NEW YORK (Reuters) - The trustee for failed commodities brokerage MF Global Inc plans to tell a Congressional committee on Tuesday he supports civil fines for executives when their commodities brokerages lose customer money, even without proof they knowingly broke rules.
James Giddens said MF’s collapse was due in part to lack of supervision, according to a copy of his planned testimony to the U.S. Senate Committee on Banking, Housing & Urban Affairs, obtained by Reuters.
Giddens is the trustee tasked with recovering as much money as possible for former MF Global customers. The company collapsed in October after revealing exposure to risky European debt and with a huge shortfall in client accounts.
According to a February report from Giddens, the estimated $1.6 billion shortfall resulted from MF Global workers commingling customer funds with the firm’s own cash, a violation of a rule segregating client money from corporate assets.
While investigators have not yet brought charges alleging criminal intent, civil fines do not require intent.
“Where there is a shortfall in customer funds, Congress should consider making the officers and directors of the company accountable and personally and civilly liable for their certifications,” Giddens’ testimony says.
Giddens has said separately he may bring civil lawsuits against executives for breach of fiduciary duty and other alleged violations.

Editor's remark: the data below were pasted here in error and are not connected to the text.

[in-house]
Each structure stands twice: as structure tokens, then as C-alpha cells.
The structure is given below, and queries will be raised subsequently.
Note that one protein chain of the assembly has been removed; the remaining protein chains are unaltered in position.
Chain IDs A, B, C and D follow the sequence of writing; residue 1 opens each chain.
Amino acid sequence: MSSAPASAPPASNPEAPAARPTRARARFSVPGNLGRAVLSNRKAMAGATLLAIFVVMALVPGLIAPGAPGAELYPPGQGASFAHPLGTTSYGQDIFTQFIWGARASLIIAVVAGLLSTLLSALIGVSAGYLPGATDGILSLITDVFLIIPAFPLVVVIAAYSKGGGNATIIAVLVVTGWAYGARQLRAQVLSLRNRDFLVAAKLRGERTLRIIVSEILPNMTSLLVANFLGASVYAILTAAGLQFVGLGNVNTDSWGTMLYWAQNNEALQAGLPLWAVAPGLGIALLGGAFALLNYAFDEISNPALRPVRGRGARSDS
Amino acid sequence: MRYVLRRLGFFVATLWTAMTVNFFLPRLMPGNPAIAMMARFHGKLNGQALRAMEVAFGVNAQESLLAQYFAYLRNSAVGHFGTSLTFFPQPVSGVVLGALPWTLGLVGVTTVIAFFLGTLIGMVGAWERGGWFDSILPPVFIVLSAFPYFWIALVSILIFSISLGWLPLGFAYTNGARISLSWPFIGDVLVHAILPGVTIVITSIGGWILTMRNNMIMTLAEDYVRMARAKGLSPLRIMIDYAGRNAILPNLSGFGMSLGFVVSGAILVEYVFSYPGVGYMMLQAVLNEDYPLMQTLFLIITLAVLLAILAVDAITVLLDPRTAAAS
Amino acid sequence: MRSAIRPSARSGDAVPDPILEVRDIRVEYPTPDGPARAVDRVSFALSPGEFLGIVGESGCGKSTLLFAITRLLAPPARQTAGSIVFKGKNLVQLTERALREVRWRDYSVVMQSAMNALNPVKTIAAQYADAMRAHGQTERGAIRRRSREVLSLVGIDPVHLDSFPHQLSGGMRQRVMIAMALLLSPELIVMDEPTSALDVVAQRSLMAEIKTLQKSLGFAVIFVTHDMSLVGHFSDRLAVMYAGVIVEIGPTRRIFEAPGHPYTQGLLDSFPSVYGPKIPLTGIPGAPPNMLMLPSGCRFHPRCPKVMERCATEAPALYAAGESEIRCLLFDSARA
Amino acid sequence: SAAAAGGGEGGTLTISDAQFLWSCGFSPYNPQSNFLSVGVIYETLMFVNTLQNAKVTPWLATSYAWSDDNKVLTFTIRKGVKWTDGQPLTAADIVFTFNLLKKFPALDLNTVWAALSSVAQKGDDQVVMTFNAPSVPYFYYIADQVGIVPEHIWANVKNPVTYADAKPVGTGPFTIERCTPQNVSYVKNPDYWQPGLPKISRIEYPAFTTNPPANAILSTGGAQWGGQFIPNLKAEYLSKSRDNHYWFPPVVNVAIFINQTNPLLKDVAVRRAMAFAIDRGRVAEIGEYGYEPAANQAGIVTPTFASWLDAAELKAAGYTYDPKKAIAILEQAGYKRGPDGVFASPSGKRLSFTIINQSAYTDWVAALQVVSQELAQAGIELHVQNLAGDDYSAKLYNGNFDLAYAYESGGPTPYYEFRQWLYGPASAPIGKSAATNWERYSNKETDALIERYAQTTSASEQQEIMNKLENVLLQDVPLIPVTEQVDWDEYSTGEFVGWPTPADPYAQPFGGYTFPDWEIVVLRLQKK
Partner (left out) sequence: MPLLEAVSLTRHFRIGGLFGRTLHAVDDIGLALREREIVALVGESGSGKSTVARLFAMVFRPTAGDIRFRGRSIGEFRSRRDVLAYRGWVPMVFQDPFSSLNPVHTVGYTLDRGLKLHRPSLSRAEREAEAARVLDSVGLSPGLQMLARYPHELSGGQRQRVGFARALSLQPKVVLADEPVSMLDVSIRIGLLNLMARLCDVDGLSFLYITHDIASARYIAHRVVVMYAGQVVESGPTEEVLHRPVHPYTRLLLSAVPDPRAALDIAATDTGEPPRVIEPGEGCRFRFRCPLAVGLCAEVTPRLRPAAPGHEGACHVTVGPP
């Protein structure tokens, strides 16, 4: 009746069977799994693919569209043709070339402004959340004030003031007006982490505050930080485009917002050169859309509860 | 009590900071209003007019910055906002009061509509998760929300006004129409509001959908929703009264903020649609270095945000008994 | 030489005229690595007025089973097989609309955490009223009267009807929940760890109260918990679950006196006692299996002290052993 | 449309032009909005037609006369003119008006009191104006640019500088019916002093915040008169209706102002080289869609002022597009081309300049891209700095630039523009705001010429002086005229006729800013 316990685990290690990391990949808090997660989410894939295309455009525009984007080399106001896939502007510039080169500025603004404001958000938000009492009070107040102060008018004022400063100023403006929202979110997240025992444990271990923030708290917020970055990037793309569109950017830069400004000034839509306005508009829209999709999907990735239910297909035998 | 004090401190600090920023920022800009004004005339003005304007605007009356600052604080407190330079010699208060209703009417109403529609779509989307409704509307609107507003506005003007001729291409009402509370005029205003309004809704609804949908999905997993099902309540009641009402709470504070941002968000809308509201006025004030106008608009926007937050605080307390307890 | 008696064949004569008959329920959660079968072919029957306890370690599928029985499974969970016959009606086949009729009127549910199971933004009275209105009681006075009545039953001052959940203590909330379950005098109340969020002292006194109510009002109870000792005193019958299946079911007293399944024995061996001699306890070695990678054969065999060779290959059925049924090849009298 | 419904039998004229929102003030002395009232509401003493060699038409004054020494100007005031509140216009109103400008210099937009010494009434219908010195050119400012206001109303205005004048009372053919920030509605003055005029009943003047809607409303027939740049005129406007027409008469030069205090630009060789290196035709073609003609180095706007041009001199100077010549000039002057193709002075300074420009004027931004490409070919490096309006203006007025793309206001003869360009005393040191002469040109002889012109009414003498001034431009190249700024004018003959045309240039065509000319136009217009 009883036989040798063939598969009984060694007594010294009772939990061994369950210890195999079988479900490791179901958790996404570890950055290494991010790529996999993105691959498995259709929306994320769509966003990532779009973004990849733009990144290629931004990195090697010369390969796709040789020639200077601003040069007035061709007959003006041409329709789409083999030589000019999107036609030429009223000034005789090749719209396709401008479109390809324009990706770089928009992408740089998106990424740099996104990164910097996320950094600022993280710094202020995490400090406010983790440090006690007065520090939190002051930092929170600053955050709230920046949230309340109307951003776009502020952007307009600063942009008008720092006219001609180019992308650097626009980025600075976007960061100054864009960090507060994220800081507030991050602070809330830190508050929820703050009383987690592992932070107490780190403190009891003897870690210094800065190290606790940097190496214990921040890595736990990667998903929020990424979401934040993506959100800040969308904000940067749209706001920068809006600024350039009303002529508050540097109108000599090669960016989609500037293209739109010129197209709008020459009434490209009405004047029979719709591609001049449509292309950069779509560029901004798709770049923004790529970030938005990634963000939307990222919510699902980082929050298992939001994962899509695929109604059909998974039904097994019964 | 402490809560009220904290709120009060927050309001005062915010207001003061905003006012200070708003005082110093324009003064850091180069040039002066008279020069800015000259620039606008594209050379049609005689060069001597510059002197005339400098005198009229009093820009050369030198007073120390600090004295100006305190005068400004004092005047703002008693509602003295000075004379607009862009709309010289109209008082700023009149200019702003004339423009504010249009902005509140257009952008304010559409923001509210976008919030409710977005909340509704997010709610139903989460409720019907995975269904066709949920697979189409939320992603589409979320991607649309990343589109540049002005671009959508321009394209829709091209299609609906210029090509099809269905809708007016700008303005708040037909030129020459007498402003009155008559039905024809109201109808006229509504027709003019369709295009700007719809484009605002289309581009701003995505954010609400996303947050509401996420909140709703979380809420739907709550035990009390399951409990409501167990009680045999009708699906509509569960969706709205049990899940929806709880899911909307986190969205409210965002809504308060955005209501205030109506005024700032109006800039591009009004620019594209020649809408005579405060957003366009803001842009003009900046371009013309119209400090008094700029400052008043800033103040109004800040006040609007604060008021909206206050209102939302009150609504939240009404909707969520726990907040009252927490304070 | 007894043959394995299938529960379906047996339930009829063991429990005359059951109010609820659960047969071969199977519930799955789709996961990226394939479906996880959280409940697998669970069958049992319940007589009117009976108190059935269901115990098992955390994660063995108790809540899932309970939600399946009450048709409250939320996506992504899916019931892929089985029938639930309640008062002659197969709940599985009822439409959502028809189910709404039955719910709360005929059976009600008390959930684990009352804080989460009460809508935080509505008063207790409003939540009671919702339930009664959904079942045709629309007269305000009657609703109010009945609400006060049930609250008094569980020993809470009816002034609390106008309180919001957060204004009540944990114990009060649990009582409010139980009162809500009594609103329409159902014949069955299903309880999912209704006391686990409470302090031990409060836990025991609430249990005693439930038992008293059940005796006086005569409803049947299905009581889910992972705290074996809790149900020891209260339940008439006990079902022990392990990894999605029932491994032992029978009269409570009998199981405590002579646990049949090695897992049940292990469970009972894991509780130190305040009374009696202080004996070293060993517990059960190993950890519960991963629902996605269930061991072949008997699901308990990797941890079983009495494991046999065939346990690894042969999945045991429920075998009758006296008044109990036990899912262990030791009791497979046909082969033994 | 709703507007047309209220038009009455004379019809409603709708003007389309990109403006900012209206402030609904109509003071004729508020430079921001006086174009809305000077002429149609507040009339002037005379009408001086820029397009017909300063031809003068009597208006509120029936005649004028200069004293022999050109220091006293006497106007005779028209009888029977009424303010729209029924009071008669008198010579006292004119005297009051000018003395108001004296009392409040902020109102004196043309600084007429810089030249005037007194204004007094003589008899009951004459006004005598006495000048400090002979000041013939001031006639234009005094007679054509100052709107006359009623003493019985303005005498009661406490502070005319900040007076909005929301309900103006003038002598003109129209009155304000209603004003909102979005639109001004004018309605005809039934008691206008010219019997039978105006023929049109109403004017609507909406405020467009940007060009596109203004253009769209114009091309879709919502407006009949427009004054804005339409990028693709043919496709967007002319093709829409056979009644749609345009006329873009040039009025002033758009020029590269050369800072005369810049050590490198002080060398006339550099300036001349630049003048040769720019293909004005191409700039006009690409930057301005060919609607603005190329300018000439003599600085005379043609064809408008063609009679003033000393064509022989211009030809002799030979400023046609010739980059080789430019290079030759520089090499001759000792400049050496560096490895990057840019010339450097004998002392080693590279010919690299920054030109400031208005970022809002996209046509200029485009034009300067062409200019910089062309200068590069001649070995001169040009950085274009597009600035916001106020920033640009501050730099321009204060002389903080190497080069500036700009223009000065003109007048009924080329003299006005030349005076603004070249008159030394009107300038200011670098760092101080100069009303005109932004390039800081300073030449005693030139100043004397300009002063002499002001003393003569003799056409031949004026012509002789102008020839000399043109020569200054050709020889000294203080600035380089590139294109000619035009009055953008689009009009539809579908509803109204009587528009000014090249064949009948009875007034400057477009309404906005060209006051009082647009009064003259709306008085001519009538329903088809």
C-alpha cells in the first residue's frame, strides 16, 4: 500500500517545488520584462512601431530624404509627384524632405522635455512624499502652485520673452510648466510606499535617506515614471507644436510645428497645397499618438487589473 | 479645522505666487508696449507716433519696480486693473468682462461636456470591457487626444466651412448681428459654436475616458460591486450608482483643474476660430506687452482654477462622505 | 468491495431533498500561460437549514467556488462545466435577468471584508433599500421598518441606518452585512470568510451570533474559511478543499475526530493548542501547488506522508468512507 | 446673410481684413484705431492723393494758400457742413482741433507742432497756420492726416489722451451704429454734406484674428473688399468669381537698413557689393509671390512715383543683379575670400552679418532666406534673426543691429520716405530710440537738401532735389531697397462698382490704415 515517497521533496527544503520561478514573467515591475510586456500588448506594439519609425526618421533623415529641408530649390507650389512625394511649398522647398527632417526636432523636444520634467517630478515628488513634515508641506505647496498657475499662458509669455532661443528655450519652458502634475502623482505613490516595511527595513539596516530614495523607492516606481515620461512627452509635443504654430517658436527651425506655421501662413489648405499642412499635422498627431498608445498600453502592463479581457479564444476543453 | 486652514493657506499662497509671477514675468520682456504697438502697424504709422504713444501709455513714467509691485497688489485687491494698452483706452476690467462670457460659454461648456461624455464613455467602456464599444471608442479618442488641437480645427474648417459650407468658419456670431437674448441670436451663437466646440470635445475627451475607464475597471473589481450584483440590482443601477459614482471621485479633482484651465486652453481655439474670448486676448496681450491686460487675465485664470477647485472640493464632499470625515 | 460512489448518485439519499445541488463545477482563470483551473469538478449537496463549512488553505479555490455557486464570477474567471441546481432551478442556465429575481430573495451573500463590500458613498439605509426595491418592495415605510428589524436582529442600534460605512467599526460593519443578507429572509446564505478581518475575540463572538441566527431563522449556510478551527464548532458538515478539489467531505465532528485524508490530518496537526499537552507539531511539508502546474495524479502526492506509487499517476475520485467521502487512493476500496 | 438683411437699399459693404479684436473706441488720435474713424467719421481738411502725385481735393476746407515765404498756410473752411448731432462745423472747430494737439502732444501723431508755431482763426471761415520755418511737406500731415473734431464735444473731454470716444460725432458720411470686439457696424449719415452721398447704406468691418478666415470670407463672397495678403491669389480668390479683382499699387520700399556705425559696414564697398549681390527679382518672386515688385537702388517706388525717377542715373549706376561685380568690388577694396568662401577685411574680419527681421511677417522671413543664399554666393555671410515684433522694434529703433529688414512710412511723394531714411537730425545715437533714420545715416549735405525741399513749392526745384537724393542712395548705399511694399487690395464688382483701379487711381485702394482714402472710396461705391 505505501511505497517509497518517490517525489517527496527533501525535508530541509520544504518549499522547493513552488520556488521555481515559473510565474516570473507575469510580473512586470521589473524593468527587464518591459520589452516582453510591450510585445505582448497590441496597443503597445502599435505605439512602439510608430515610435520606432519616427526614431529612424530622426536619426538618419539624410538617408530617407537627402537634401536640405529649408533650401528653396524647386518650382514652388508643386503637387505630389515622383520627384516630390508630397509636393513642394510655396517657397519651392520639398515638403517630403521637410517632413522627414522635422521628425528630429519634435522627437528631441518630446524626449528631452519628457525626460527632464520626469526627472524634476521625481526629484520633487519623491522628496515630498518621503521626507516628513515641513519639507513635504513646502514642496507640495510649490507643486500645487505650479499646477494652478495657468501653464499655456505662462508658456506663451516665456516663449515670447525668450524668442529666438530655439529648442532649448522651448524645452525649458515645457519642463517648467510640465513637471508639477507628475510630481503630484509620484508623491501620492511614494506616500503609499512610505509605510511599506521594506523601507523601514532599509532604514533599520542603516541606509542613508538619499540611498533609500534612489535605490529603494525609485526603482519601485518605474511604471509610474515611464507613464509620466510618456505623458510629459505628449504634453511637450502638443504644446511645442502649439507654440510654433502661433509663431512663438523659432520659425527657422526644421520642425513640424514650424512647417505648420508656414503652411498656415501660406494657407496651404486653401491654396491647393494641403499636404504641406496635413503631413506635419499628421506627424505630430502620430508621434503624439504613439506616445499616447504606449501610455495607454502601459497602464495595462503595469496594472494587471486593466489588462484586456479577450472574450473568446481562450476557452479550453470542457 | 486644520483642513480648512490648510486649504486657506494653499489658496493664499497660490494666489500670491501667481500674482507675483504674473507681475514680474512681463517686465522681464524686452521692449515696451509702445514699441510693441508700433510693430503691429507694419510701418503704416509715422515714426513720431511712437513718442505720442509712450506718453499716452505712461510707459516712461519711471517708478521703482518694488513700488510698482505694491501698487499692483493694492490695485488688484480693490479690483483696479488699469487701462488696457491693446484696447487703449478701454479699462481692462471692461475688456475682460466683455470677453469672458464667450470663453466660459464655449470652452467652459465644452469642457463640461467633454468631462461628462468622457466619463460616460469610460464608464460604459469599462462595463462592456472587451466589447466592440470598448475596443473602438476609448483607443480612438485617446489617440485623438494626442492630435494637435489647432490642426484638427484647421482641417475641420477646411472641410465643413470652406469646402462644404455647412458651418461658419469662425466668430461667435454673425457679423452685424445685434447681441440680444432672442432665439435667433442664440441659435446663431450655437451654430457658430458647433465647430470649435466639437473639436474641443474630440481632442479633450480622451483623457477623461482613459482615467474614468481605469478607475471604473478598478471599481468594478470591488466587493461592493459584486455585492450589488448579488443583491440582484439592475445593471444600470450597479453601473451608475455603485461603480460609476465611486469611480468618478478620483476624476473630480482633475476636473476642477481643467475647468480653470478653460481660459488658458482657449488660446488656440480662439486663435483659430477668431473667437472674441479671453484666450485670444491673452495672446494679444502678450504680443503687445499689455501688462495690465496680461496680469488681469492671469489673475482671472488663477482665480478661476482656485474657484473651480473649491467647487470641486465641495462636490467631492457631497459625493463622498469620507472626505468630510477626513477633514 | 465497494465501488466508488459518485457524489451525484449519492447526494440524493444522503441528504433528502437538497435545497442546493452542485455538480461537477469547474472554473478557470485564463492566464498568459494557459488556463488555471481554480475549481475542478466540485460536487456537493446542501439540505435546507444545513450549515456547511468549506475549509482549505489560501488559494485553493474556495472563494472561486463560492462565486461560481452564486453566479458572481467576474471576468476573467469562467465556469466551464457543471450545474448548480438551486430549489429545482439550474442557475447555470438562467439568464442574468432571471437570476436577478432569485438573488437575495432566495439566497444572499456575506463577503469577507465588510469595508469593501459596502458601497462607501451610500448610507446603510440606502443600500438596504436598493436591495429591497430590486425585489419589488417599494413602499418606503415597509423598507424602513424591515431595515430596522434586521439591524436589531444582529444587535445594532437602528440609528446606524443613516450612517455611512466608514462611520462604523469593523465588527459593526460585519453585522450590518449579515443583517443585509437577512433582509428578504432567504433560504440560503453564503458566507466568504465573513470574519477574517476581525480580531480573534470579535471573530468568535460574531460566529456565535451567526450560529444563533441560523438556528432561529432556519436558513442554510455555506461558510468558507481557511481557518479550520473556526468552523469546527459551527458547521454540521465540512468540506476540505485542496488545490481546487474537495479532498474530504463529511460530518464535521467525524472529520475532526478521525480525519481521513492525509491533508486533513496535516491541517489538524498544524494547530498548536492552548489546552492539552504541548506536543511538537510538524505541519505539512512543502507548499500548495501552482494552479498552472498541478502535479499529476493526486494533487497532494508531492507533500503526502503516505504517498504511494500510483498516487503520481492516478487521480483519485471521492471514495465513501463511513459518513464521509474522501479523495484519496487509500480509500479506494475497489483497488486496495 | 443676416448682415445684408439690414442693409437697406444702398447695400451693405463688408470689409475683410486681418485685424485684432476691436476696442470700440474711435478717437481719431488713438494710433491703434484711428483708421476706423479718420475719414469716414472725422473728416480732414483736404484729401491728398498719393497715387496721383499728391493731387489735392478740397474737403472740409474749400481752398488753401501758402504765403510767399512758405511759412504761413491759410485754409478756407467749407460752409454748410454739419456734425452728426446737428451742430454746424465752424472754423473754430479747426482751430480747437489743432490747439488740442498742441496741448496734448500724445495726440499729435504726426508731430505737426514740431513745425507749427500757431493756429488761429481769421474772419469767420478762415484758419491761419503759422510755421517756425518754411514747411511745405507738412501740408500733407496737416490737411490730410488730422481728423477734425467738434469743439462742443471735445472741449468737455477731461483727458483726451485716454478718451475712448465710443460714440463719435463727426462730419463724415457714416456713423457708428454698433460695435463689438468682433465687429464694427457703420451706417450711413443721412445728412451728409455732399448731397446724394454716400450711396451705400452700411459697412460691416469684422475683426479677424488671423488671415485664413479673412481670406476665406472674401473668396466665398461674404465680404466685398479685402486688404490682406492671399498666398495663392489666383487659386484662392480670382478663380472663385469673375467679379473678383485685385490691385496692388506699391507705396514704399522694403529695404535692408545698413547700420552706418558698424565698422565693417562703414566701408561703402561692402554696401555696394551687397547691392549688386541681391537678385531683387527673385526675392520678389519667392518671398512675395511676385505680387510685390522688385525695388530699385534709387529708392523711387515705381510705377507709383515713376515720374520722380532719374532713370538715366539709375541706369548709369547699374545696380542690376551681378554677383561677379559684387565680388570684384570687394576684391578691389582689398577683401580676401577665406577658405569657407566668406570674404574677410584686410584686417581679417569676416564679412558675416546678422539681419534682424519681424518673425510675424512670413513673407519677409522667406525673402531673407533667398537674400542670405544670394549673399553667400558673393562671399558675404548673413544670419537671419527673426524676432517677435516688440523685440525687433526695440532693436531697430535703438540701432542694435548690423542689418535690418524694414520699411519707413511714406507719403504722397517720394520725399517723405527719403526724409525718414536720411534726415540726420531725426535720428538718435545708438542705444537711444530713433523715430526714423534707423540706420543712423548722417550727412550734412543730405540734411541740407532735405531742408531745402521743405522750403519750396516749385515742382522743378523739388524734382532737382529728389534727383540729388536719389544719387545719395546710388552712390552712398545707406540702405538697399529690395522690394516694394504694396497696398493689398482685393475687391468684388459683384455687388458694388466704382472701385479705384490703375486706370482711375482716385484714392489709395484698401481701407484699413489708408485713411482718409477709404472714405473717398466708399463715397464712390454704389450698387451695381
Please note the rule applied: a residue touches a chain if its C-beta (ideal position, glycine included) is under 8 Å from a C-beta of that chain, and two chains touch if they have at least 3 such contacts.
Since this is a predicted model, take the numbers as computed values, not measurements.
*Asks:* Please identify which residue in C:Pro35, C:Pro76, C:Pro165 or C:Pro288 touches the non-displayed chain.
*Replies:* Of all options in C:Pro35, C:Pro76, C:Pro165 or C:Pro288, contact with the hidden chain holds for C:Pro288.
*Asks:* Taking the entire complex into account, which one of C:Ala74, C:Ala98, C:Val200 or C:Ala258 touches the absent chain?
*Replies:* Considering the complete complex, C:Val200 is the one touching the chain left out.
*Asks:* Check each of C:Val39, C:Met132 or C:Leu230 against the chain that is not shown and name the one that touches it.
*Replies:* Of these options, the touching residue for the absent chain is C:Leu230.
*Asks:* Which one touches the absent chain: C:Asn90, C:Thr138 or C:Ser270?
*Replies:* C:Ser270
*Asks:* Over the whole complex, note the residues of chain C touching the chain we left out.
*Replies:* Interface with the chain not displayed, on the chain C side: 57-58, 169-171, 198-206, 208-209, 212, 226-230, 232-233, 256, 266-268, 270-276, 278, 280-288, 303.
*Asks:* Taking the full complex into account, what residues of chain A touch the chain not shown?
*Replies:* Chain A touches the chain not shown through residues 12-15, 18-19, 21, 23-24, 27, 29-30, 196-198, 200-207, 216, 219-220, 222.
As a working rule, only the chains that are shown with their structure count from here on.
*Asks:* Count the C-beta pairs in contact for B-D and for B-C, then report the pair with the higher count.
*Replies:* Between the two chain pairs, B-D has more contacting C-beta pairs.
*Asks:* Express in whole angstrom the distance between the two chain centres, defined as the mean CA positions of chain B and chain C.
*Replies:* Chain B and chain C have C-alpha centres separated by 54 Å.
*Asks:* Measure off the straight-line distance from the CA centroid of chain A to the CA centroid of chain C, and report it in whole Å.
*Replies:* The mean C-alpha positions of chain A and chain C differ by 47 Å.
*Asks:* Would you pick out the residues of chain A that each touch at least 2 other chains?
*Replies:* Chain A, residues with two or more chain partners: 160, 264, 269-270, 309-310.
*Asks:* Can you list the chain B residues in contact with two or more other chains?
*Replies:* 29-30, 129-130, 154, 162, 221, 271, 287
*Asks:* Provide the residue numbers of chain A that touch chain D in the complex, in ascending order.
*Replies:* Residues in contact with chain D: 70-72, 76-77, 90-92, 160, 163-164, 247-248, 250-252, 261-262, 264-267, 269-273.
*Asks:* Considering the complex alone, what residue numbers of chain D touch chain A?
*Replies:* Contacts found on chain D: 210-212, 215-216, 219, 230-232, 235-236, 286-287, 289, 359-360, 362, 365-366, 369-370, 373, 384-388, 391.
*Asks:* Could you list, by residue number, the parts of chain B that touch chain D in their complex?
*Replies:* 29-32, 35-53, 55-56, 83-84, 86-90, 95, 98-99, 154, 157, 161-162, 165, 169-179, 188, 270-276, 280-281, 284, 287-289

According to his testimony, the trustee will also say he supports a rule change that would require commodities brokers to hold an excess of customer funds in segregation in case of emergency.
Such a rule “could help ensure that there is a sufficient cushion at all times,” according to the testimony.
Giddens also supports setting up a protection fund for commodities customers, similar to the Securities Investor Protection Corp, an industry-funded insurance program to protect customers of failed securities firms.
It could be generally affordable as most commodities traders hold small accounts, Giddens’ testimony says.
“The liquidation of MF Global Inc. would have played out differently had there been even a modest protection fund for commodities customers,” the testimony says.
Giddens and several regulators, including Commodity Futures Trading Commissioner Jill Sommers and CME Group Inc Executive Chairman Terrence Duffy, are testifying on Capitol Hill on Tuesday.
Louis Freeh, the trustee in charge of recovering money for creditors of MF Global’s parent company, is also slated to testify.
Giddens plans to push support for an idea to require commodities brokers to segregate the funds of clients who trade on foreign exchanges, and a rule that would require commodities traders to meet certain suitability requirements, according to testimony.
Editing by Paul Tait